GOV. CORBETT, with his leadership in question and his job approval in the tank, promises basic societal collapse if he doesn't get his way on pensions.
He argues that unless the Legislature, which helped create the problem, slashes costs for state workers, lawmakers and teachers, well, things could get real ugly.
The picture he painted at a Capitol news conference yesterday?
Painful cuts in police and public safety, health and human services and, of course, education, where, he said, school districts could "be forced to raise taxes and lay off teachers."
I don't know, to me it sounds like any day in Philadelphia.
Anyway, the guv said the current pension path is eating 60 cents of every new state dollar, and the unfunded liability - that would be something north of $47 billion en route to $65 billion in five years - comes to $9,500 per Pennsylvania household.
So, as he has before and as others have before him, he's seeking passage of "reforms" to save pensions, society and maybe even Philadelphia.
"The cost of doing nothing is absolutely staggering," Corbett said.
He's pushing a plan described by its Senate sponsor, Sen. Mike Brubaker, R-Lancaster County, as "the most comprehensive pension reform package in the United States of America."
It protects current retirees, enrolls new hires in a 401(k)-type employee contribution plan and reduces benefits for current workers by tweaking pension formulas starting in 2015.
It's political heavy lifting, because it cuts benefits to the very people who have to vote to pass it.
Wait, since it impacts lawmakers, make that more like the task of Sisyphus.
And the 2015 time lag is specifically to allow the state Supreme Court to hear arguments then rule on its constitutionality.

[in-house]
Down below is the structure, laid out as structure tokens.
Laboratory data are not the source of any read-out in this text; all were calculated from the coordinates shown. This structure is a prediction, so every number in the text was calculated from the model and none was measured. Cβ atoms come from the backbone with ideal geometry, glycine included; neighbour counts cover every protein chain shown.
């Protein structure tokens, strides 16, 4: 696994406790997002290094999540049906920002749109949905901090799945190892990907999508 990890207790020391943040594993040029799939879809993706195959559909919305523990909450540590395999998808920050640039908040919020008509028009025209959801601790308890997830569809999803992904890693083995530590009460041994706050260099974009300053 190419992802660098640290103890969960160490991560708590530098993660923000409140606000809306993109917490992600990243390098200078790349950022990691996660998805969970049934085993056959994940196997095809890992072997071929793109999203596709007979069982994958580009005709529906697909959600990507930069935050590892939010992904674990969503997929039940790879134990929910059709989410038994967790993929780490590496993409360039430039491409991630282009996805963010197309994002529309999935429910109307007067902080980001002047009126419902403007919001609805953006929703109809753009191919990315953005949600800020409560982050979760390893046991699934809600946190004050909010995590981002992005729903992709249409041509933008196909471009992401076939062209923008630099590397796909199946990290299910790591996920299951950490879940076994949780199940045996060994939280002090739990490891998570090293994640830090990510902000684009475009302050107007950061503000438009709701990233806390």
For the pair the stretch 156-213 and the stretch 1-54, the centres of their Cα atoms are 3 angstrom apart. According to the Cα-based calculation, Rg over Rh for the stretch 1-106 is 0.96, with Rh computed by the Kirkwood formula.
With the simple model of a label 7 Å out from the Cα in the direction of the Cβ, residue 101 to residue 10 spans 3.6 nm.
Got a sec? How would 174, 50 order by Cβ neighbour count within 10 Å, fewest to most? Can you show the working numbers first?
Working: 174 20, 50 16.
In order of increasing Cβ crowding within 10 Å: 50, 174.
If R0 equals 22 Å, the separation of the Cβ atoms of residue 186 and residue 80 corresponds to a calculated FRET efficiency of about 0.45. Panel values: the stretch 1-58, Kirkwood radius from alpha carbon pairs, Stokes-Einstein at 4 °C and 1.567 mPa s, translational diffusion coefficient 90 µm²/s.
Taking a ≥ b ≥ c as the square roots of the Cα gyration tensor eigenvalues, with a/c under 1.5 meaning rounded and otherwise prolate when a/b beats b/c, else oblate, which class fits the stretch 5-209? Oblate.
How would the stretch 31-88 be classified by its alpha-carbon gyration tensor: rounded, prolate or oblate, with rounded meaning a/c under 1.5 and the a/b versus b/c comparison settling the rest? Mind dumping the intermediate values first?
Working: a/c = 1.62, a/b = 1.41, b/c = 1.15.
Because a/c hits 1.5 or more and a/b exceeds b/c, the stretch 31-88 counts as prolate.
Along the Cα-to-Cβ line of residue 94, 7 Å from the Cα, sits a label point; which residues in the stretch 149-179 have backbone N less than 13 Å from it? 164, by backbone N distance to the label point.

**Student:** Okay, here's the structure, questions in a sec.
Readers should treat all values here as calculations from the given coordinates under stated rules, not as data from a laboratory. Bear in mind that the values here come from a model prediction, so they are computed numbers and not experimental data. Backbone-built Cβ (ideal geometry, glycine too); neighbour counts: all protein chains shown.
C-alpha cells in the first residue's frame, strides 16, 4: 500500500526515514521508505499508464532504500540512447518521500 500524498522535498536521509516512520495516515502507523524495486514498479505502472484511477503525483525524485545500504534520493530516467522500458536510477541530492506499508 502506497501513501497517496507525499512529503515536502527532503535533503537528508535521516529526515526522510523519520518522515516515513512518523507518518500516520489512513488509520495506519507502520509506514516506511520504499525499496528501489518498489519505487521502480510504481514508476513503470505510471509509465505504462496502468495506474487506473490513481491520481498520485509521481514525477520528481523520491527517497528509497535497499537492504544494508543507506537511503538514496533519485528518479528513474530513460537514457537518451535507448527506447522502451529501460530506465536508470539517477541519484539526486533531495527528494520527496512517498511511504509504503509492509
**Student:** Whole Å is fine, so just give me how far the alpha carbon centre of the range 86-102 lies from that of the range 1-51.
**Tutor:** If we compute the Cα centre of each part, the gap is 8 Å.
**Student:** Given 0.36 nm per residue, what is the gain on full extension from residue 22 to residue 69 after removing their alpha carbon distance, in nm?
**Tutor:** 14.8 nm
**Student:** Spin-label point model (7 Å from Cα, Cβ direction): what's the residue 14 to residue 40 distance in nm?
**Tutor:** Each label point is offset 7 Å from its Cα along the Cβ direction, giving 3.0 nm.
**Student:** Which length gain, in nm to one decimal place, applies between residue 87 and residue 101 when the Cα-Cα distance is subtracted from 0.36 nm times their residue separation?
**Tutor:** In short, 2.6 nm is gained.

Legislative passage is uncertain.
Asked what he thinks of the chances, Corbett said, "I don't get into handicapping."
The constitutionality of cutting current workers' benefits also is uncertain.
While the governor maintains that prior legal tests addressed only retroactive reductions and this one deals with prospective reductions, opponents claim the Corbett effort is certain to be struck down.
Some of those opponents, including American Federation of State, County and Municipal Employees, the American Federation of Labor and Congress of Industrial Organizations, the Pennsylvania State Education Association (the state's largest teachers' union) and state Treasurer Rob McCord, quickly slammed the proposal in a conference call.
The three unions together represent more than a million members. McCord, a Democrat, is a potential Corbett opponent next year.
McCord labeled the plan "an inefficient approach" that endangers retirement security because "so far, 401(k)s have failed" to provide sufficient savings.
The pension fix is part of a four-pronged agenda Corbett hopes to push through by the end of June.
He also wants another on-time state budget, at least some level of liquor privatization and a huge expansion in funding for transportation, including for SEPTA.
Any one of these items is a tall order in a short time. But when asked - given the state's history of eschewing big changes while working at tortoise speed - if he has a top priority, Corbett said, "I think we need all four."
There are those thinking at least he does.
Not only does a new Daily News/Franklin & Marshall College Poll show just 25 percent of registered voters think Corbett deserves re-election, observers such as the Cook Political Report and the New York Times' Nate Silver see Corbett at risk.
Cook rates the 2014 election here a "toss-up." Silver ranks Corbett the fifth-most vulnerable governor among 32 facing voters next year.
Corbett deserves kudos for taking on public pensions and seeking to lower public costs. But he should have done so sooner. When he had political capital. And when he wasn't asking for three other things.